Around the square, they say the area of a circle is pi times the radius squared. It is true, is it not?


I got marked wrong for interchanging に and で, so . . . I don't think that is correct.


I had the particles swapped so I got it wrong. Could anyone please explain to me why the particles are this way round? For に and also で . I've developed an instinctual feeling for when to use particles but times like this remind me that I don't really know how they work.


In simple words, ~で is a place you do an action, ~に is a place where you exert the action. Put it this way: You board the train at the station, and you board on the train.


Your explanation is so much simpler. thanks!


Really good explanation, thanks!


で would point to something you utilize to do something, including locations, so utilizing you being there to do something. In this case, it's like "i get on the train by the means of/by being in/via the train station". に simply points to the end destination of your action. In this case, that would be the action of "getting on/riding" being connected to the "train". That's my understanding of it at least. Therefore, using に with the train station would imply you're directing an action towards it, which isn't true in this case, since it is like a background location for the whole action to take place in/be the means of, as mentioned before. And で wouldn't fit in the "get on the train" part since the train isn't an intermediary object or "means of" between the action and it's goal, but the goal of the action exactly. Otherwise you'd be saying "i got on (?) via the train", implying the train to be the means of riding something else. I'm no expert at this, so take this with a grain of salt. Was pondering this for a minute after not having my answer accepted too, seems like a talent of it's own to get a grasp of these meanings on the fly.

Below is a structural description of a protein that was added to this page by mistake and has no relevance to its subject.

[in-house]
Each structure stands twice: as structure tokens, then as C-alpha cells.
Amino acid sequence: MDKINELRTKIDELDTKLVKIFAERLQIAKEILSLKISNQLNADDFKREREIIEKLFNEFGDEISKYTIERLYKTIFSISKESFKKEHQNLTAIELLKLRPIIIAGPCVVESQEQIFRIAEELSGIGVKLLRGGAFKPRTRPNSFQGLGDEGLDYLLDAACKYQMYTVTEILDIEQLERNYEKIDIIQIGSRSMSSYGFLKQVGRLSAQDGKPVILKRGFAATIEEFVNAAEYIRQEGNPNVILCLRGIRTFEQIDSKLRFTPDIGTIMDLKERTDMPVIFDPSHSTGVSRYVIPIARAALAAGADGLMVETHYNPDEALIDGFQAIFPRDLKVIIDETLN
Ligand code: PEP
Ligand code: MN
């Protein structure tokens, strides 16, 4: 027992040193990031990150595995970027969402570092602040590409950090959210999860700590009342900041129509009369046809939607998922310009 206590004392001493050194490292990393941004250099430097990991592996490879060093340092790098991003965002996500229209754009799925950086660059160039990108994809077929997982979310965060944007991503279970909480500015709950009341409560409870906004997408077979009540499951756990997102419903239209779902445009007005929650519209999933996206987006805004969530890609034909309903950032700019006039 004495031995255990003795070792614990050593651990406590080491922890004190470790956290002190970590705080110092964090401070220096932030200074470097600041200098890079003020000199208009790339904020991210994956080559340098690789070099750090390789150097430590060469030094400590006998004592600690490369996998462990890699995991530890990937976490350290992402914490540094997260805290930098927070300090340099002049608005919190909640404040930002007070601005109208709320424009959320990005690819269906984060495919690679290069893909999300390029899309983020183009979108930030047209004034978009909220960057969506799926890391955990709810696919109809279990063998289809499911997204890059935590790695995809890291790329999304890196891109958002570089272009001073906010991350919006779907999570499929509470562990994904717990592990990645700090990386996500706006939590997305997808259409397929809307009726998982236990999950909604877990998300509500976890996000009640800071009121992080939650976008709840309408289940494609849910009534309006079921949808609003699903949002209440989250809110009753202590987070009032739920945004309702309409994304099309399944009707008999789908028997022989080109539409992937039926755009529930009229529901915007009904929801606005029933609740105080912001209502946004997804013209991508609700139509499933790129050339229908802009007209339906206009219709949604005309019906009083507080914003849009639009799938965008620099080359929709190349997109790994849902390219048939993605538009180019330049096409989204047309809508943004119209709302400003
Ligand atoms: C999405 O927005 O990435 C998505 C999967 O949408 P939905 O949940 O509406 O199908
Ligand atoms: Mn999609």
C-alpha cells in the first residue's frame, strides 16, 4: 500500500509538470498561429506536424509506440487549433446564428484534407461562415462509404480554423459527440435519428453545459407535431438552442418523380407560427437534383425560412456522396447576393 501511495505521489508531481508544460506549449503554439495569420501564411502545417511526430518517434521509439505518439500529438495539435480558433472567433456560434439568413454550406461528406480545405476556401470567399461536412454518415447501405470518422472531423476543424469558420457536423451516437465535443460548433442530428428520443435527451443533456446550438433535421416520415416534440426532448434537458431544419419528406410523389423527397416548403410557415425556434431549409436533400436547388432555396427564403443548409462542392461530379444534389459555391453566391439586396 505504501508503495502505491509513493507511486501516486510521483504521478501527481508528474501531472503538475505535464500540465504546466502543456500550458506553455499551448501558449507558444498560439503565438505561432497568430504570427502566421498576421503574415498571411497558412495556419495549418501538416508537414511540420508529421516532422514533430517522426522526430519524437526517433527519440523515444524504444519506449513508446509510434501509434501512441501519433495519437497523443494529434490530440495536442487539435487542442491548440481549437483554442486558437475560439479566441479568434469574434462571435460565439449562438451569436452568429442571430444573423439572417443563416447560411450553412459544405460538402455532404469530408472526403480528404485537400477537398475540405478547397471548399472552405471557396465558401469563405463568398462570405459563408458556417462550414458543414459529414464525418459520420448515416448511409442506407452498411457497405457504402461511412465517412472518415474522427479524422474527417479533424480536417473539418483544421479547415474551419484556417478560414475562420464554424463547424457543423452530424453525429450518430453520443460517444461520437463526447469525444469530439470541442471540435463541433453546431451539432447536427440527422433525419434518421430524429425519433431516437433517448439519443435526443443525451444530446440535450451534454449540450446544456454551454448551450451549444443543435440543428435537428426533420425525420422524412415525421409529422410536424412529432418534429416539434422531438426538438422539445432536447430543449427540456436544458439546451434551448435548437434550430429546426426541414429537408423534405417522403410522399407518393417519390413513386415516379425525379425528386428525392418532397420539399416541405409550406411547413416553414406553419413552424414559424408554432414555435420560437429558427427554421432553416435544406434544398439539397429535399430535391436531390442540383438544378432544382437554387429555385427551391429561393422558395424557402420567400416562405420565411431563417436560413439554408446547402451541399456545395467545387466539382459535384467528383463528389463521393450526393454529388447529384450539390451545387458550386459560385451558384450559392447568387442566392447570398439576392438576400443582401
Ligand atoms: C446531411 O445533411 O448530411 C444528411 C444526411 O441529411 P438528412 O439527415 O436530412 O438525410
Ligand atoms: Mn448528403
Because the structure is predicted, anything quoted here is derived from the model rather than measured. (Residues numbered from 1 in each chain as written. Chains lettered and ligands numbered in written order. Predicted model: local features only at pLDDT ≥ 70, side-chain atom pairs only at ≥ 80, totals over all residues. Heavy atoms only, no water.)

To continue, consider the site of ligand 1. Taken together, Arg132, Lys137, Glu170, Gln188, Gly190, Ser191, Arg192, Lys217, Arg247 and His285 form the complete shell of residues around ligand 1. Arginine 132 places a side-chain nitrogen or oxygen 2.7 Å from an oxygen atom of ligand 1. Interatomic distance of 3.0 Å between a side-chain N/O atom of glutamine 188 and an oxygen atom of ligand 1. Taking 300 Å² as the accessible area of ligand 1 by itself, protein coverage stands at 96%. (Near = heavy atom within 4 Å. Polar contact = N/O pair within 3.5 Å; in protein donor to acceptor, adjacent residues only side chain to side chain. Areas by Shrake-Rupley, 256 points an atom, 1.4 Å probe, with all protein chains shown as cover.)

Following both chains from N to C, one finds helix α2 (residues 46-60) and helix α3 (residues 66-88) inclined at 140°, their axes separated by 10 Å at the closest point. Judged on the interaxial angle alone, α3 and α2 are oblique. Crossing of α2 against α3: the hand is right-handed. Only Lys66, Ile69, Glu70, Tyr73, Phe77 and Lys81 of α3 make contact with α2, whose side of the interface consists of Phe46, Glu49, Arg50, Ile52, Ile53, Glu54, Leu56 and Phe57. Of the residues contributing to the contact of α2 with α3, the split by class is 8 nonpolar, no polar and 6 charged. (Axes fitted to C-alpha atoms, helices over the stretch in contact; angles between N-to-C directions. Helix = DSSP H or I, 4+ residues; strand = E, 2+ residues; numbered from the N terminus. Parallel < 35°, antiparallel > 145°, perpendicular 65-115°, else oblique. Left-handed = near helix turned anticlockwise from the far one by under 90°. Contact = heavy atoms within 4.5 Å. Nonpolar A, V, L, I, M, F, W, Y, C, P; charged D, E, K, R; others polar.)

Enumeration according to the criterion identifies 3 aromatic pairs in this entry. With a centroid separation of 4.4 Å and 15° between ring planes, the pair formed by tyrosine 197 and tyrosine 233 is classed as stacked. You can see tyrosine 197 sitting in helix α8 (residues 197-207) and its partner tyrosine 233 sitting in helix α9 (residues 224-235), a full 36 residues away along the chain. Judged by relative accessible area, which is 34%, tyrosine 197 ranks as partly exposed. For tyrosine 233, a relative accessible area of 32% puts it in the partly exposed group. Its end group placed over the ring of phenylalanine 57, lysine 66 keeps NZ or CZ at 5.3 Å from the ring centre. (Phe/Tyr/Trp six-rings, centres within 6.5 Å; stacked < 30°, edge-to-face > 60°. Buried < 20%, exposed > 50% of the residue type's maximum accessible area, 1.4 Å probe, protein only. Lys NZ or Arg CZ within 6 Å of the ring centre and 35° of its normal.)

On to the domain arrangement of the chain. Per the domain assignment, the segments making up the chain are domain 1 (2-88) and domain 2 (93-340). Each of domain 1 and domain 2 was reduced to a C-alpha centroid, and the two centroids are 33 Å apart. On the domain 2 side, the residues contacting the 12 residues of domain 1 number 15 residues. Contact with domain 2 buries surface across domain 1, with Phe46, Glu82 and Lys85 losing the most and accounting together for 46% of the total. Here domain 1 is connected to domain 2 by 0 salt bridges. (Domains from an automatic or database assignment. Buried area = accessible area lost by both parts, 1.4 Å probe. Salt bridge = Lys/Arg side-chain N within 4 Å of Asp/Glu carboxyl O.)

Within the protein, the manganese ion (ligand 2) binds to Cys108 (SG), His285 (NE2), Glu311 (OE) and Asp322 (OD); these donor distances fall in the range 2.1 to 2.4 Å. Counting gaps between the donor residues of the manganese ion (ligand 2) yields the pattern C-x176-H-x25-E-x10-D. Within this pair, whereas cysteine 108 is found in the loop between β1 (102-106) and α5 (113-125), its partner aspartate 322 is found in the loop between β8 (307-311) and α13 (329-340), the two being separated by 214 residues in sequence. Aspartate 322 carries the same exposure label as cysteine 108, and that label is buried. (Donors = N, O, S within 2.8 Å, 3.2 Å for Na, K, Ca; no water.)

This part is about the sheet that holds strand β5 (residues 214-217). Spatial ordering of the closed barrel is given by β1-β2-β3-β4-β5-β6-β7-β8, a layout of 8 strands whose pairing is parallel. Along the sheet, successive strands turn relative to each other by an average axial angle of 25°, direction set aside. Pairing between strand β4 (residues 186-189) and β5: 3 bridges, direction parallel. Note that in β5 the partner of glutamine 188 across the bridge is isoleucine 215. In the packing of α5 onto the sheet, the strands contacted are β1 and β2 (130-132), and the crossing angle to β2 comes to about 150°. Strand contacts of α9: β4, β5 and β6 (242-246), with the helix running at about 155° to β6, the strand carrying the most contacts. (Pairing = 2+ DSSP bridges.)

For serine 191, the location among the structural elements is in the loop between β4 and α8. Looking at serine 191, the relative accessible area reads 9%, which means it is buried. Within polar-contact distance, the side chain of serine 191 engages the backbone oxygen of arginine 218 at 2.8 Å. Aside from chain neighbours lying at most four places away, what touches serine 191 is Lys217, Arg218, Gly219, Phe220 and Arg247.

Oh man this is such a good explanation of de vs ni. Thank you very much! :D


Also a very good explanation! ありがとう!




A で B に のります

I get in/on B at A